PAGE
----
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pISSN 1738-6586 / eISSN 2005-5013 / J Clin Neurol 2015;11(3):234-240 /

On the Severity of Carpal Tunnel Syndrome:

Diabetes or Metabolic Syndrome
Fatma Gul Yurdakula
Background and PurposezzCarpal tunnel syndrome (CTS) is the most common entrap-
Hatice Bodura
ment neuropathy. Although its etiology is unknown, certain conditions are commonly asso-
zgur ztop akmakb ciated with CTS, such as obesity, arthritis, hypothyroidism, diabetes mellitus, trauma, mass
Can Atec lesions, amyloidosis, and sarcoidosis. We aimed to determine the association between meta-
Filiz Sivasa bolic syndrome and CTS, and we compared the severity of CTS between patients with diabe-
Filiz Esera tes (and no concomitant metabolic syndrome) and patients with metabolic syndrome.
zlem Ylmaz Tadelena MethodszzTwo hundred patients with a clinically and electrophysiological confirmed diag-
nosis of CTS were included in the study. Their demographic characteristics and severity of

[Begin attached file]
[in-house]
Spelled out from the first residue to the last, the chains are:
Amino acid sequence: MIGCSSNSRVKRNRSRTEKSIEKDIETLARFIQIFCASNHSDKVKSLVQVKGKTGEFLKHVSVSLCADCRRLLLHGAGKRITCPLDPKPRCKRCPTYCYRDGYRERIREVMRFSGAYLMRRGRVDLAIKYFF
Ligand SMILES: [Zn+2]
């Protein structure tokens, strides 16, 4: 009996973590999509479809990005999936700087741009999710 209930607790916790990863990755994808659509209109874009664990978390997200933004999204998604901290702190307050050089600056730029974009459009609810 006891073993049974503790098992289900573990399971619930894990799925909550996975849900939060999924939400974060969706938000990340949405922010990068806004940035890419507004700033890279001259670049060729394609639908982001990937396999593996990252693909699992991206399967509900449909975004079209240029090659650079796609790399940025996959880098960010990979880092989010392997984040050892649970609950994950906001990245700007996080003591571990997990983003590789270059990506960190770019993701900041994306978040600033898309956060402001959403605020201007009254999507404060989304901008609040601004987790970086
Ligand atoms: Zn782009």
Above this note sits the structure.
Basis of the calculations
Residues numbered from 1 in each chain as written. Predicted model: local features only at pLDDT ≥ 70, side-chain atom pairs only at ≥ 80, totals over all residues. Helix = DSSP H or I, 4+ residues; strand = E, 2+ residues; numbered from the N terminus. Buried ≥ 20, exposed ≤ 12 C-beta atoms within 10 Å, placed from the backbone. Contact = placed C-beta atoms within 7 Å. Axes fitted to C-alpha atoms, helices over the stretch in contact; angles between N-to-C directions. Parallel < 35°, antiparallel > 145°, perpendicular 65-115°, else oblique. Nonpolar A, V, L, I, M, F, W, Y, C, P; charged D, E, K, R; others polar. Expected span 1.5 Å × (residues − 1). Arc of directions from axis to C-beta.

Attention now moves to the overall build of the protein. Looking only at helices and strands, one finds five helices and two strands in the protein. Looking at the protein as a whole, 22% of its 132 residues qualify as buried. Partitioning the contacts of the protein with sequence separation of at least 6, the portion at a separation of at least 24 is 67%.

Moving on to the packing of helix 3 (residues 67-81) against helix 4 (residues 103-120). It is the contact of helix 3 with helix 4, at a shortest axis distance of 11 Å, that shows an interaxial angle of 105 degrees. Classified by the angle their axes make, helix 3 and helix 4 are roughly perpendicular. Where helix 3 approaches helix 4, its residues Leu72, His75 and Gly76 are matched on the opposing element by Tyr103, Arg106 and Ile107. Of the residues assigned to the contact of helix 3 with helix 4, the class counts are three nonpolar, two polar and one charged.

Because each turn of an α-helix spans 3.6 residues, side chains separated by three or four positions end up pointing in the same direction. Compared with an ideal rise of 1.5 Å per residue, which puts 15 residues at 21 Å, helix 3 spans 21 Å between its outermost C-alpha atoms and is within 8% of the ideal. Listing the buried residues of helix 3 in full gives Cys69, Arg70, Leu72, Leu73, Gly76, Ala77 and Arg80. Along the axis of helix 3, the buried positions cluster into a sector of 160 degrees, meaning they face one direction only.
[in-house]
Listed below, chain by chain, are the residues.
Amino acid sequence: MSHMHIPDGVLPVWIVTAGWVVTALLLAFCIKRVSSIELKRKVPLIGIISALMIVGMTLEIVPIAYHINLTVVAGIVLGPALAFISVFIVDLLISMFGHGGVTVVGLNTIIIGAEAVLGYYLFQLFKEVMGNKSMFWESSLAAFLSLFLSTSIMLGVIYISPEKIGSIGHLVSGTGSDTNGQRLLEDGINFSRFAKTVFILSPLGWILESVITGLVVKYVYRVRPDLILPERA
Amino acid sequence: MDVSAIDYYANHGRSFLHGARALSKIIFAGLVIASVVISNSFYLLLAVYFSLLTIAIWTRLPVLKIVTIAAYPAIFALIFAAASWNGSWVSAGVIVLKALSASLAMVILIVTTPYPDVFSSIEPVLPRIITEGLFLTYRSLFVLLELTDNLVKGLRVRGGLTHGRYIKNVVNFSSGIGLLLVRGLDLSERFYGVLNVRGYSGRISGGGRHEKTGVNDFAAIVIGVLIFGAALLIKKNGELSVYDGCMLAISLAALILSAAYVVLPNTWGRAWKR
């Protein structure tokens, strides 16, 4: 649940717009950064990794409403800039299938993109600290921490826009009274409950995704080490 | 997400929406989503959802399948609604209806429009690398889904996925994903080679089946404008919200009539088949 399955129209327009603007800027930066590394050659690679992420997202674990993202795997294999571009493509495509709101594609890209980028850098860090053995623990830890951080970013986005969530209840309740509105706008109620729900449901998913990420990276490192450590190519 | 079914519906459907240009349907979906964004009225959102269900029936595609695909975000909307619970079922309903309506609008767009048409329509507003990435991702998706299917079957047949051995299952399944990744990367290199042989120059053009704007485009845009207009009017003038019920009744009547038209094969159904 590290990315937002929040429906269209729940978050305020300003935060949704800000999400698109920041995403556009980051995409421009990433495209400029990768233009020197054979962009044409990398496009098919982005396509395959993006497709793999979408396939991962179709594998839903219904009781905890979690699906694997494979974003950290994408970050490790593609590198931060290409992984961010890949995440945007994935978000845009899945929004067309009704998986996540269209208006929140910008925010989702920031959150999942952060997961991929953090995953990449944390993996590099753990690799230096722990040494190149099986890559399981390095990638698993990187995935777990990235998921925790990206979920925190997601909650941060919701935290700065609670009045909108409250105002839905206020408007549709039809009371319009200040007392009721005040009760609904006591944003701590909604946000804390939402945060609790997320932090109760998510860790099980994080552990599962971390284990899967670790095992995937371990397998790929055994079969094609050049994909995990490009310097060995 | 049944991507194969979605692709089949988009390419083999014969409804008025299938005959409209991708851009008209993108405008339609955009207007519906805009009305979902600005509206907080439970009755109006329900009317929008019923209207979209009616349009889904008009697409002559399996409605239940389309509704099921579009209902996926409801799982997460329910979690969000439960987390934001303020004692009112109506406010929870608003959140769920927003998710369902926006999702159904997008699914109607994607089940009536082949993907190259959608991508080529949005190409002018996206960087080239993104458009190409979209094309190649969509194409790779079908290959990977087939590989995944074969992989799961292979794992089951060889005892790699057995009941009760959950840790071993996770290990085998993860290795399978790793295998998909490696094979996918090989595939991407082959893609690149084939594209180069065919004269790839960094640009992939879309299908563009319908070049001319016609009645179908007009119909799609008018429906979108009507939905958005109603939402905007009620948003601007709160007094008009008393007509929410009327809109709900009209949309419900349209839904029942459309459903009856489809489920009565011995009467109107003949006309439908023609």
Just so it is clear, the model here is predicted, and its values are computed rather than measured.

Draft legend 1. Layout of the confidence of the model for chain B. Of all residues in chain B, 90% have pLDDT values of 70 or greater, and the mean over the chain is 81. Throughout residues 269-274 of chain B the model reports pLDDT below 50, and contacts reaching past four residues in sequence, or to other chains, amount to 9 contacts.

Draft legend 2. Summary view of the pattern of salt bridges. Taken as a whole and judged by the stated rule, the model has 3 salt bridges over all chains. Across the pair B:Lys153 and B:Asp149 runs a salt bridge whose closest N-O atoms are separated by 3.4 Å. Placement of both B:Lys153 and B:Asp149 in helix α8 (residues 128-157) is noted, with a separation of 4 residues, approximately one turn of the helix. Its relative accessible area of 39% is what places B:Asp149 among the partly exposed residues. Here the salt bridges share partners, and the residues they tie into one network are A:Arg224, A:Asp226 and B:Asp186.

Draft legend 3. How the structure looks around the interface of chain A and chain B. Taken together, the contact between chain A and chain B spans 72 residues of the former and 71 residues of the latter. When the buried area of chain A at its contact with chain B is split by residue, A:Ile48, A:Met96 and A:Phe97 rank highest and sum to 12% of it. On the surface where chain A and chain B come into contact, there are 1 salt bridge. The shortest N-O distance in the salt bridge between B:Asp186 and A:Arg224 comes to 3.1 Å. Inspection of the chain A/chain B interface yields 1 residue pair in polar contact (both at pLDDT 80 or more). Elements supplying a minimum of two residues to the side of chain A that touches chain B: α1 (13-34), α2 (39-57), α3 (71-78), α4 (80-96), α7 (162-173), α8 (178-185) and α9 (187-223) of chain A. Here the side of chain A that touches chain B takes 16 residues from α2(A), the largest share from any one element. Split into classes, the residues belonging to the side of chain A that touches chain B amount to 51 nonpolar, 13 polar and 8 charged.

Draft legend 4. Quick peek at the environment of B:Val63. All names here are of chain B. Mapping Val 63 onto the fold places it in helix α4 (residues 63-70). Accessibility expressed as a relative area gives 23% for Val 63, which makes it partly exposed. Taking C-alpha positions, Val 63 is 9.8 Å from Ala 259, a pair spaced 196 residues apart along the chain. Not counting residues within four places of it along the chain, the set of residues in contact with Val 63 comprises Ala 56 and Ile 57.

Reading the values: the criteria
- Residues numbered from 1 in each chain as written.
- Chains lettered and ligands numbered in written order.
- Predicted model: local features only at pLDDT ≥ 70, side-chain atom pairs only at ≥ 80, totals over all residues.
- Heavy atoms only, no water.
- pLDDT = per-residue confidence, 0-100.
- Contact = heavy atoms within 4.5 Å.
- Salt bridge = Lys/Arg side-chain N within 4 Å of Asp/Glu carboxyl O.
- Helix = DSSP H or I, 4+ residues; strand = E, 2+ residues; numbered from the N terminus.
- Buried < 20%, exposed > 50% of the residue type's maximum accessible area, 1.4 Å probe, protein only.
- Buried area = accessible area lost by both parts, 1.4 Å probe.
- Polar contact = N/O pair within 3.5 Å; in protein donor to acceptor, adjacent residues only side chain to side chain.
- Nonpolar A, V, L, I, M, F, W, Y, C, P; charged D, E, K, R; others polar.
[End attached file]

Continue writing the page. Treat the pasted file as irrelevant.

Physical Medicine and
CTS were analyzed according to the presence or the absence of metabolic syndrome. Differ-
Rehabilitation Department,
Ankara Numune Training and ences in the electrophysiological findings were evaluated between the following four groups:
Research Hospital, Ankara, Turkey 1) metabolic syndrome alone (n=52), 2) diabetes alone (n=20), 3) combined metabolic syn-
Neurology Department,
drome and diabetes (n=44), and 4) no metabolic syndrome or diabetes (n=84).
Karabuk Training and
ResultszzCTS was more severe in the patients with metabolic syndrome than those without
Research Hospital, Karabuk, Turkey
Department of Biostatistics,
c this syndrome. The electrophysiological findings were worse in patients with metabolic syn-
Ankara University School of Medicine, drome alone than in those with diabetes alone and those without diabetes and metabolic
Ankara, Turkey syndrome.
ConclusionszzCTS appears to be more severe in patients with metabolic syndrome than
patients with diabetes. Diabetes is one of the well-known risk factors for CTS, but other com-
ponents of metabolic syndrome may have a greater effect on the severity of CTS.
Key Wordszzcarpal tunnel, severity, metabolic syndrome, diabetes, electrophysiology,

Carpal tunnel syndrome (CTS) is the most common entrapment neuropathy,1 and a preva-
lence in the general adult population reportedly ranging from 2.7% to 5.8%.2,3 CTS is nearly
ten times more common in women than in men.4 Although its etiology is unknown, it is